We look at cats as our very own little wild animal. We try to domesticate it, we try to “tame” it, and we try to teach it our ways and our habits. But the truth couldn’t be further! Cats are born wild and will remain wild, at least in intent and instinct, if not in practice due to domestic constraints. It’s true that hundreds of years of selective breeding has helped enforce and enhance certain types of behavior, while softening other “undesirable” types. But all said and done, a cat is still a wild creature at heart, and must be appreciated for the same.
If you’ve ever had a particularly playful puss, you’d know that his tricks and moves were sudden and executed with little thought. Even when they play with toys, you can observe how their pupils grow larger, whiskers are prepped and pointed, and ears are slicked back and alert, before the fatal pounce. A sad and unhappy, un-socialized cat will not display these typical behaviors, and may even start urinating or defecating outside his litter box.
On introduction to the litter box
Cats are curious animals and highly dependent on sight and smell. Their ability to discern minute movements supersedes human eyesight by a large degree. They rely on their keen sense of smell to direct their actions. Unfamiliar cats and animals are sniffed out before they come into view and dealt with appropriately. The same goes with food. As most cat owners already know, the littlest sound of the can opener on the food can will alert the feline and he’ll be at the kitchen counter demanding his food.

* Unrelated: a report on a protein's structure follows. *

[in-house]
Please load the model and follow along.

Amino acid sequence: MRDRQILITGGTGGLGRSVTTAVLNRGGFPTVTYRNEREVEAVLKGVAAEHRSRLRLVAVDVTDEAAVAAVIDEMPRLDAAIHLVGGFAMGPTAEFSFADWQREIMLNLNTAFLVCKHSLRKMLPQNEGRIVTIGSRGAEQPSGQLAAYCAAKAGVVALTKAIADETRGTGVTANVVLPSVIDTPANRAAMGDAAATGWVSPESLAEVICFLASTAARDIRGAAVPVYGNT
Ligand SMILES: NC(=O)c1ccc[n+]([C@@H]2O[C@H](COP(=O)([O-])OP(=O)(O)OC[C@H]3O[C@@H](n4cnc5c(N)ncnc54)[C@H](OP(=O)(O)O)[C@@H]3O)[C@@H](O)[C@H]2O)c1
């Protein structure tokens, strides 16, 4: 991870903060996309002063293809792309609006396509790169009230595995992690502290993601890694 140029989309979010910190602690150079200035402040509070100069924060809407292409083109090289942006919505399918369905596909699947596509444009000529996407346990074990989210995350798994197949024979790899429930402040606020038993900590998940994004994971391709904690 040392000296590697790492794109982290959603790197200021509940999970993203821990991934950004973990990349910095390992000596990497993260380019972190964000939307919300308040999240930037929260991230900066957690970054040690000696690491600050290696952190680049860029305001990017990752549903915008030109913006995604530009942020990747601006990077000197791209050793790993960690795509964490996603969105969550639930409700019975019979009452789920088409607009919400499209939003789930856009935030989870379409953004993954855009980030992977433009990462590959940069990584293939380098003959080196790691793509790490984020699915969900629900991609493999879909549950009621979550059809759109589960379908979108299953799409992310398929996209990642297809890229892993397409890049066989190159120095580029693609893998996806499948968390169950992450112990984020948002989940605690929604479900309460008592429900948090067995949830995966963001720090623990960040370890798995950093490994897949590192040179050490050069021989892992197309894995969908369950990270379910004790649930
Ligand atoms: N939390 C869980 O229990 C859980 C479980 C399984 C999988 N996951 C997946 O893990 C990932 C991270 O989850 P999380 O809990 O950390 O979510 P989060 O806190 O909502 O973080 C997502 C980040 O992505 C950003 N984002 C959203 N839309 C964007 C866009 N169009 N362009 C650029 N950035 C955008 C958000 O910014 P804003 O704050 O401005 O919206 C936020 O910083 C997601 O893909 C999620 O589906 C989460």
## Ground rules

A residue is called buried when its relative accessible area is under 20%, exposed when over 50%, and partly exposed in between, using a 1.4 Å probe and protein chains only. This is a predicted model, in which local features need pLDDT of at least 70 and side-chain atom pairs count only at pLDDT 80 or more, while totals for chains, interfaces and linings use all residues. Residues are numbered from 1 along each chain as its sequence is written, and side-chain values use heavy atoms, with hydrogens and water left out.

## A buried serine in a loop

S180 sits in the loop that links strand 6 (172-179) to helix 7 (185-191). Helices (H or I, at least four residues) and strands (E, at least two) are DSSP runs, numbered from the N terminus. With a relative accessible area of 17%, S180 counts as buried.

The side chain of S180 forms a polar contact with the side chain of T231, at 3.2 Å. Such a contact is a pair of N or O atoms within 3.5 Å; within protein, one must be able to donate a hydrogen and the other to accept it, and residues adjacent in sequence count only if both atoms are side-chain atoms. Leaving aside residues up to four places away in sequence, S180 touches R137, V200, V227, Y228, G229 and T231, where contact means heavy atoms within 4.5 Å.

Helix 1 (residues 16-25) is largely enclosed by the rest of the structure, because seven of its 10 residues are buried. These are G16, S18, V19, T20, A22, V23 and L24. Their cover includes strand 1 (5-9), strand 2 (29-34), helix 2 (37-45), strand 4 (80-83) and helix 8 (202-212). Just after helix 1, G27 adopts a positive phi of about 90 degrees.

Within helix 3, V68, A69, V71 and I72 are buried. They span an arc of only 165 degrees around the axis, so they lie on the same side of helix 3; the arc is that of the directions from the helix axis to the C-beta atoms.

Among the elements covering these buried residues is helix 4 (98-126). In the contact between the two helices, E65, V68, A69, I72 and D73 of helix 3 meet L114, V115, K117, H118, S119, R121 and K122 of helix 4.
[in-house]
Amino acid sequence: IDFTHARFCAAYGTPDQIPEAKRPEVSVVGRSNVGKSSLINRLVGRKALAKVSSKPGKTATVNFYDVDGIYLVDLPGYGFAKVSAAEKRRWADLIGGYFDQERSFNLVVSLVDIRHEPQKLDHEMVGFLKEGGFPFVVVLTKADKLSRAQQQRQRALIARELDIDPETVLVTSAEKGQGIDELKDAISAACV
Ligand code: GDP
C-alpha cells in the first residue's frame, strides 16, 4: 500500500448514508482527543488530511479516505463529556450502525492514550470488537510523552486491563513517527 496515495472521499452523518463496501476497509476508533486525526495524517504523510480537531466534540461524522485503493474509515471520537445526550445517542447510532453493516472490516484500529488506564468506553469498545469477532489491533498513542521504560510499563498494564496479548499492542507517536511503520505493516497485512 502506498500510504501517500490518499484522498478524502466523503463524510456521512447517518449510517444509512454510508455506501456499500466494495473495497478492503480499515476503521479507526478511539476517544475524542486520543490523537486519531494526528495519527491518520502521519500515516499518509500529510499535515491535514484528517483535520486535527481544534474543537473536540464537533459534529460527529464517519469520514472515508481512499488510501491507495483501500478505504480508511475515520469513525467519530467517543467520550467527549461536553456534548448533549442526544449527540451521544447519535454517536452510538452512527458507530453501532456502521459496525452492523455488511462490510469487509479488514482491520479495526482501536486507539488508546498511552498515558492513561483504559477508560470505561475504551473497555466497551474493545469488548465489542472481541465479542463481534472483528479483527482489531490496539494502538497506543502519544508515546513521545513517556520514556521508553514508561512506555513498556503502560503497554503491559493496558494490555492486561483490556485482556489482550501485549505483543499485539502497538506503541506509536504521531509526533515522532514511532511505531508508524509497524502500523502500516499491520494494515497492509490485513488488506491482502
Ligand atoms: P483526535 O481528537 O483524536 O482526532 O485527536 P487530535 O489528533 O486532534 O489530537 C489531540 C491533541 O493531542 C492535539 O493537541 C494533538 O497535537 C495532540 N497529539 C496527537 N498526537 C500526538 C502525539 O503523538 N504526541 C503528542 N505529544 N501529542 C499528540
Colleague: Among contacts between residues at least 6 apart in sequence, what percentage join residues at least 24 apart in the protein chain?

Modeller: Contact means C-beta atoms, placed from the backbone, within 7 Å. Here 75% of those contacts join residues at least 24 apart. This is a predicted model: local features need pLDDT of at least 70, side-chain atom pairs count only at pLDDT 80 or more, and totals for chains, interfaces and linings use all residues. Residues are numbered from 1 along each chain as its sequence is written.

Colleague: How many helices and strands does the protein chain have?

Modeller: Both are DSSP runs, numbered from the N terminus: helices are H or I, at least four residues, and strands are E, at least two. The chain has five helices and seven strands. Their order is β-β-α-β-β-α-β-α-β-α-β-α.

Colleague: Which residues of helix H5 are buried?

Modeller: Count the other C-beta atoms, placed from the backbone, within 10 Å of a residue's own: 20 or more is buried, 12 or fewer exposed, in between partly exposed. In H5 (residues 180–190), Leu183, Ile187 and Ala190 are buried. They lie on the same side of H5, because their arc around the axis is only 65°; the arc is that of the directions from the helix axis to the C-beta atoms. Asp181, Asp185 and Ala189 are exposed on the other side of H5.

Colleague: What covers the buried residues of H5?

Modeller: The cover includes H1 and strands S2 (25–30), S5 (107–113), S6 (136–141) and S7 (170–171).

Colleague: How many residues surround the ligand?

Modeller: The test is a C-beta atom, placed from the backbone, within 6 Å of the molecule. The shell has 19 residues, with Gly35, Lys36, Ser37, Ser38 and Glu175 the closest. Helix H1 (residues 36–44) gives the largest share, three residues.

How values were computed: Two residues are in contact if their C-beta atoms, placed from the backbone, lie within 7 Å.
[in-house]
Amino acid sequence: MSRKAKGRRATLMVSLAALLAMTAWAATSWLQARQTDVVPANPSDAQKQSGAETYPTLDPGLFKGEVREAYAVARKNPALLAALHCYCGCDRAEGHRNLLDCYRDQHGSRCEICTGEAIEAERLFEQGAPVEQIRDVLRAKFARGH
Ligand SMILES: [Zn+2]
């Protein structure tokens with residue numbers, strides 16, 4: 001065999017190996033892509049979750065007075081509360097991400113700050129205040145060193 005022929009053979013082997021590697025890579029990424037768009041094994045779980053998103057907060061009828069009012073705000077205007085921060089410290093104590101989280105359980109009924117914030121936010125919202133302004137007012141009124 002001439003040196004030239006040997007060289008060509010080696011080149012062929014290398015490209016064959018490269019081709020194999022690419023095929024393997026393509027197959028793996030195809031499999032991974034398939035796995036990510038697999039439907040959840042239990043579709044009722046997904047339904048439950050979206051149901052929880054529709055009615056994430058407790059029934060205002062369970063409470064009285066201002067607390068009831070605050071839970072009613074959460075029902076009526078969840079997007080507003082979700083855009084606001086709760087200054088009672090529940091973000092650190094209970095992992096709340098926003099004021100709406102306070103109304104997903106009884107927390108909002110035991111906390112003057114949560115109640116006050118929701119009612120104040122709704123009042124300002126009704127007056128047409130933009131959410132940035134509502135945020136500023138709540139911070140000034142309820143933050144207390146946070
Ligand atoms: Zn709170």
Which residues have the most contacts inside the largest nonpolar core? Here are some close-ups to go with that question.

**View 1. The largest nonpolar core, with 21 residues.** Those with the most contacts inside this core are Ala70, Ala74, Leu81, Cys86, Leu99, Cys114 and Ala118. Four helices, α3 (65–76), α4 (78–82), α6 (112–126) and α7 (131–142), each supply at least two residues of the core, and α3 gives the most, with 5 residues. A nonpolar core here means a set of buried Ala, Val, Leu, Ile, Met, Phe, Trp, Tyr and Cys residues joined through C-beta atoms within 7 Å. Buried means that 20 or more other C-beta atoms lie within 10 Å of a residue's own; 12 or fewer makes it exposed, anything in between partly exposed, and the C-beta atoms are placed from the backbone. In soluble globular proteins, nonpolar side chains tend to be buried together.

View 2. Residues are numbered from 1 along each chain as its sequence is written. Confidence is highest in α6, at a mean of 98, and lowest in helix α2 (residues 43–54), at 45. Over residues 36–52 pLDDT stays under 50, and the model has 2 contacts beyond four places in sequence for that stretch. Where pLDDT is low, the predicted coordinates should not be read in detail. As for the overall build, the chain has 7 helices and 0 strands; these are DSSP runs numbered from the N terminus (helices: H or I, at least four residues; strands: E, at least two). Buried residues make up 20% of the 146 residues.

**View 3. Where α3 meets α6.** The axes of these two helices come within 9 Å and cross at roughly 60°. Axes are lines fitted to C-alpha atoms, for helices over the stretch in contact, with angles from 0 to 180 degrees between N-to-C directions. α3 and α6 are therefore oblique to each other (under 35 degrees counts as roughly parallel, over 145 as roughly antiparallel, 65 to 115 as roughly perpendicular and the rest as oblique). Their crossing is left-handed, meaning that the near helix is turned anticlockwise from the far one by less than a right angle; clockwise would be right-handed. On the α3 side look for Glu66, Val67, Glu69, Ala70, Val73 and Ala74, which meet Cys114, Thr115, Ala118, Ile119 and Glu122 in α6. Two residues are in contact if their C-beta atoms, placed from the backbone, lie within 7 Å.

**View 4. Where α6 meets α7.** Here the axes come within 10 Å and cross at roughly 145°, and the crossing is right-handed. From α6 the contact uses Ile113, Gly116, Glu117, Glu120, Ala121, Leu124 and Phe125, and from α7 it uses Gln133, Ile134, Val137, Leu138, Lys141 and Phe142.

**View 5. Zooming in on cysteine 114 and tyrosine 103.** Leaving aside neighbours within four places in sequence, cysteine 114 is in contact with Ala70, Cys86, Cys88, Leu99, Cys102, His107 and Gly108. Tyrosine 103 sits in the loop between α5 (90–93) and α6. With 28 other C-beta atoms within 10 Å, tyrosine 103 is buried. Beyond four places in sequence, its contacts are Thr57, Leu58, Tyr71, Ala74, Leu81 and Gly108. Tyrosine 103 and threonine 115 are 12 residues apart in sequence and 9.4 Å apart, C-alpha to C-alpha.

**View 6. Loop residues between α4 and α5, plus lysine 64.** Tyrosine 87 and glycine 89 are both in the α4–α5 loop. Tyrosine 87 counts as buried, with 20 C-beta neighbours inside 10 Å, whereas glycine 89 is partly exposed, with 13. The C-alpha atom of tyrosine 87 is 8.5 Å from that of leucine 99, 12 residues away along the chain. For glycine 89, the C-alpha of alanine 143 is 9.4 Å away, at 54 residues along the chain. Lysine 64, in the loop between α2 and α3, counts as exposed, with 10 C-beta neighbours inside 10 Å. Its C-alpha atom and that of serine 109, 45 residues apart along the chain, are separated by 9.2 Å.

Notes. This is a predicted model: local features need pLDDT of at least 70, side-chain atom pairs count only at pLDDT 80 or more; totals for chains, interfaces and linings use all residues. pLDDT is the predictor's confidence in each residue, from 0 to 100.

It is this sense of smell that lets animals identify danger, safety, food, waste. When a litter box is first introduced, or if there is a new brand of litter being used, the animal will sniff to see if the environment is threatening or not. If the cat is newly introduced to a multi-cat home, he will get scent, sight, and temperament clues about how friendly his new roommates are!
New location of the litter box
When your cat becomes accustomed to using her litter box, she knows where to go when she needs to relieve herself. For her, it’s the place of safety and comfort and no other predatory animal will seek out her smell and attack her. So, when the litter box is shifted, it could potentially perplex a cat and make her suddenly insecure. Firstly, her place to attend nature’s call is suddenly missing. Secondly, she might be worried that the new place may not give her the security or the privacy she needs. self cleaning litter box is more suitable for most of the cats which makes yor life easier.
What may seem like aesthetics for you, by shifting the litter box from the living room to the basement, could be a matter of survival for your cat’s primal instincts. Therefore, it is necessary to acclimatize cats correctly.
Our previous articles provide various insights into cat and human interaction and behavior. Having a look at some of them, may point you in the right direction to having a better relationship with your cat.